White Coat Syndrome? 5 ways to ease your dog's anxiety at the vet

white coat syndrome - anxiety at vet

I walked into my clinic on a cold January day dodging the icy raindrops with a piping hot americano in one hand and a (full of guilt) high calorie blueberry muffin in the other. After all, I needed energy to get me through the morning and what better way to do that than a freshly baked pastry full of sweetness! We began rounds: walking through the day’s schedule and discussing the needs of different patients and clients. I hear my team member say, “ ‘Captin’ Oliver at 10:00 to update vaccines. ‘Captin’ is a caution! Do not attempt to touch him on your own. Please put Mrs. Oliver in the exam room and then find Dr. Hofmeister” Captin was a 120 pound Golden Retriever. Good thing for the muffin...


Do any of you have dogs that have a hard time at the vet’s office? 


Having a dog (see separate blog post on cats) who is stressed at the veterinary clinic is not an easy situation for you or the veterinary staff. It breaks my heart when animals do not enjoy their visit with me, but more importantly it takes away from my ability to completely examine the animal, it creates more negativity in the animal’s mind, and it is a stressor for you! So, what can you do? How can you help your dog to have a positive experience? 


1. Set your dog up for success.

If you don't remember anything else, remember this! Try to determine the exact moment the anxiety begins for your dog. Does your dog only get car rides when it is time for a nail trim or vaccines? Start taking your dog for short car rides around the neighborhood (and always reward with a small treat). If he is reluctant to get in the car (large dog) or carrier (smaller breeds) try a food reward and create a food path from the house to the car. Maybe your dog loves the car ride but starts to tremble as soon as your tires roll into the gravel parking lot of your neighborhood clinic. Start bringing Buddy for short visits to the clinic. Drive up- treat, walk into the clinic - treat, have him sit and stay on the scale - treat, walk out of the clinic (sit and stay by the door) - treat, and finally back into the car - treat. Find out the exact moment when your dog begins to show stress and anxiety and start just a few steps before that to create an environment where he will succeed! Many veterinarians are encouraged by owners who want to help their dog see the clinic in a positive light and are willing to do exams outdoors, in the car, or even house calls as needed.


2. Reward good behavior.

Most dogs are food motivated - especially if it is human food. Yes, that’s right, I am a licensed veterinarian who just told you to feed your dog human food. Find something that your dog truly loves. Hot dog? Lunch meat? E-Z cheese? Whipped cream? Rotisserie chicken? Now, he will only be getting an itty bitty pinch of the treat for each reward. I am not telling you to give half of a cheeseburger to your dog for jumping into your SUV. Hotdogs should be cut into slices and he can have ¼ of a round slice as a reward. Just a taste is enough to create a positive experience. Whichever treat you choose, it should not be given any other time except when at the veterinary clinic or when working on behaviors to get him to the veterinary clinic. *Please understand this applies to healthy dogs without any food sensitivities or disease conditions which involve diet restriction. You should always consult your veterinarian about what a good reward would be for your dog.*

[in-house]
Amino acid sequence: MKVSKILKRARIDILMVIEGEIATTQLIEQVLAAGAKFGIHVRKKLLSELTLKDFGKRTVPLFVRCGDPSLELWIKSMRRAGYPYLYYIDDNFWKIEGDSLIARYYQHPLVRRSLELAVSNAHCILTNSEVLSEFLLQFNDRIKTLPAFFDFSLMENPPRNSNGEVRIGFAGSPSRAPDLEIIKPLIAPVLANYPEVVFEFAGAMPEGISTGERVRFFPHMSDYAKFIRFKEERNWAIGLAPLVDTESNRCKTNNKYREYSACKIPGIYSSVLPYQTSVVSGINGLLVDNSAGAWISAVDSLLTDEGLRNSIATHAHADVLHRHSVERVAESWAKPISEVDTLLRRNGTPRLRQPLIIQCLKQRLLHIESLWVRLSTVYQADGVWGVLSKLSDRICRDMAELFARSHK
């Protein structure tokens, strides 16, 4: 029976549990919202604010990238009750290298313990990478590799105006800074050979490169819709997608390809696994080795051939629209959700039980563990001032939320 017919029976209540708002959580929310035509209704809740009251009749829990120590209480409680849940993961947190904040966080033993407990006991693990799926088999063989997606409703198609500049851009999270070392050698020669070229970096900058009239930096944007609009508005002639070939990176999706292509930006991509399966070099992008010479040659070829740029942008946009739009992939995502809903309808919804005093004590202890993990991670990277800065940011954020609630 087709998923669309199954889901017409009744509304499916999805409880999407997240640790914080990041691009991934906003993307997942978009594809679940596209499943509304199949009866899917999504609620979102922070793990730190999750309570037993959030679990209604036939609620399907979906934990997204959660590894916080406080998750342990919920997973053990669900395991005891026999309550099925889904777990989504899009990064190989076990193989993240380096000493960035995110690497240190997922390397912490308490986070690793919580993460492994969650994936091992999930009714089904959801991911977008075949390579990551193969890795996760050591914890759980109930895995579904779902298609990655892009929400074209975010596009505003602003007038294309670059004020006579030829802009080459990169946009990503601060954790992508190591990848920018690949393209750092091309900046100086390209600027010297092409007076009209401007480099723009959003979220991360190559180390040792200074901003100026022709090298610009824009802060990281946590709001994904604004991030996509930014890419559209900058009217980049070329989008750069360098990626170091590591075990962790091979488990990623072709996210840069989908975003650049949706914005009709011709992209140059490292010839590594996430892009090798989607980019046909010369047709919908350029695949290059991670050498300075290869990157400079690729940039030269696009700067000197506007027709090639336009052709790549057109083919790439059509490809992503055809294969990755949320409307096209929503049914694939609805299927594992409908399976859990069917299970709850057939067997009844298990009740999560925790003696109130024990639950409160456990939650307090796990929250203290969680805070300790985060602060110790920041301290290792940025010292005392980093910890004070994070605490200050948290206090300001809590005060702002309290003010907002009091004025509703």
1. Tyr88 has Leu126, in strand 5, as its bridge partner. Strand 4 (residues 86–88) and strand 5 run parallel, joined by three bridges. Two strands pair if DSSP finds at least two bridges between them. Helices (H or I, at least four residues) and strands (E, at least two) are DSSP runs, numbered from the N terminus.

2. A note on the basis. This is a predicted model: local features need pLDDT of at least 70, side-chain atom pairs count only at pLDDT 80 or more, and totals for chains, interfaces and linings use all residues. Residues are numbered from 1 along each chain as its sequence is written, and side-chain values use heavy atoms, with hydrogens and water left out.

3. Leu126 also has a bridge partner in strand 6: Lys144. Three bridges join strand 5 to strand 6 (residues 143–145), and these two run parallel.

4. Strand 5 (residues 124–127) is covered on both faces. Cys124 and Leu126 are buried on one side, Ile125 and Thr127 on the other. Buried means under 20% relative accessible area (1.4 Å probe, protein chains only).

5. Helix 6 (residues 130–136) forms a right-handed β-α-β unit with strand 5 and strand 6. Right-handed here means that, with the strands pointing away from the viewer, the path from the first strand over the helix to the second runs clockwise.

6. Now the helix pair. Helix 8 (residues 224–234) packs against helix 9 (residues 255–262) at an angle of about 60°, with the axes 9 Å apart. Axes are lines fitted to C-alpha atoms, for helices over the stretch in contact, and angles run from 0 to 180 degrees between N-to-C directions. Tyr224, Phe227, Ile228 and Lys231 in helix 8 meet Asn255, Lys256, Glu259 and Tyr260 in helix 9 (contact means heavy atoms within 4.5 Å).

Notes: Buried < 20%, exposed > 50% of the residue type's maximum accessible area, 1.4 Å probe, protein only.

3. Feeding.

If your dog is food motivated, it makes choosing a high value treat fairly easy. However, if you have a dog that is on the picky side, it will make the training a bit more difficult. If your animal has no underlying health conditions (ex: diabetes), I would recommend you skip his morning meal (or give about ½ the amount you normally would) on the day he has a vet appointment. Being hungry increases his motivation and focus, ensuring he will take the treats that are offered. Whenever possible, bring the treats with you to your appointment. Most veterinary hospitals have treats of their own but often aren’t delicious enough to encourage picky eaters. And remember, they should be getting a high value treat - one they do not get any other time!


4. Exercise.

In addition to being hungry, it helps if your dog has been on a walk or jog the day of his appointment. Dogs need exercise everyday, but especially on days they are coming in to see me! It helps to calm them down and allow them to focus. A well-exercised dog is a totally different patient than a dog who hasn’t left his yard in days!  


5. Communicate.

You would be surprised how many times I have lifted a dog’s lip to perform an oral exam and was told “Wow, she must really like you. She usually bites!”  If you are worried about your dog’s behavior during her appointments, talk to your veterinarian. Call or email them for suggestions on how to work with the doctor and staff to improve your animal’s particular situation. 


As it turns out, Captin was a new member of our clinic. After spending some time talking with Mrs. Oliver, it became apparent to me that Captin’s behavior was likely due to underlying medical issues. We sedated Captin at a later time, took some x-rays and ran bloodwork. Mrs. Oliver made a commitment to change Captin’s diet, increase his exercise, begin joint supplementation, and start pain management for arthritis. Today, Captin is a trim 75 pounds and has no problems coming to see me! I like to think he even enjoys it. Maybe it’s the weight loss, the pain management, the essential oils I have diffusing in the exam room….or maybe it’s the little piece of blueberry muffin Mrs. Oliver keeps in her pocket. Because we can all use a bit of freshly baked encouragement!

Leigh Hofmeister, DVM, Blog Signature – Leigh Hofmeister, DVM

Leigh Hofmeister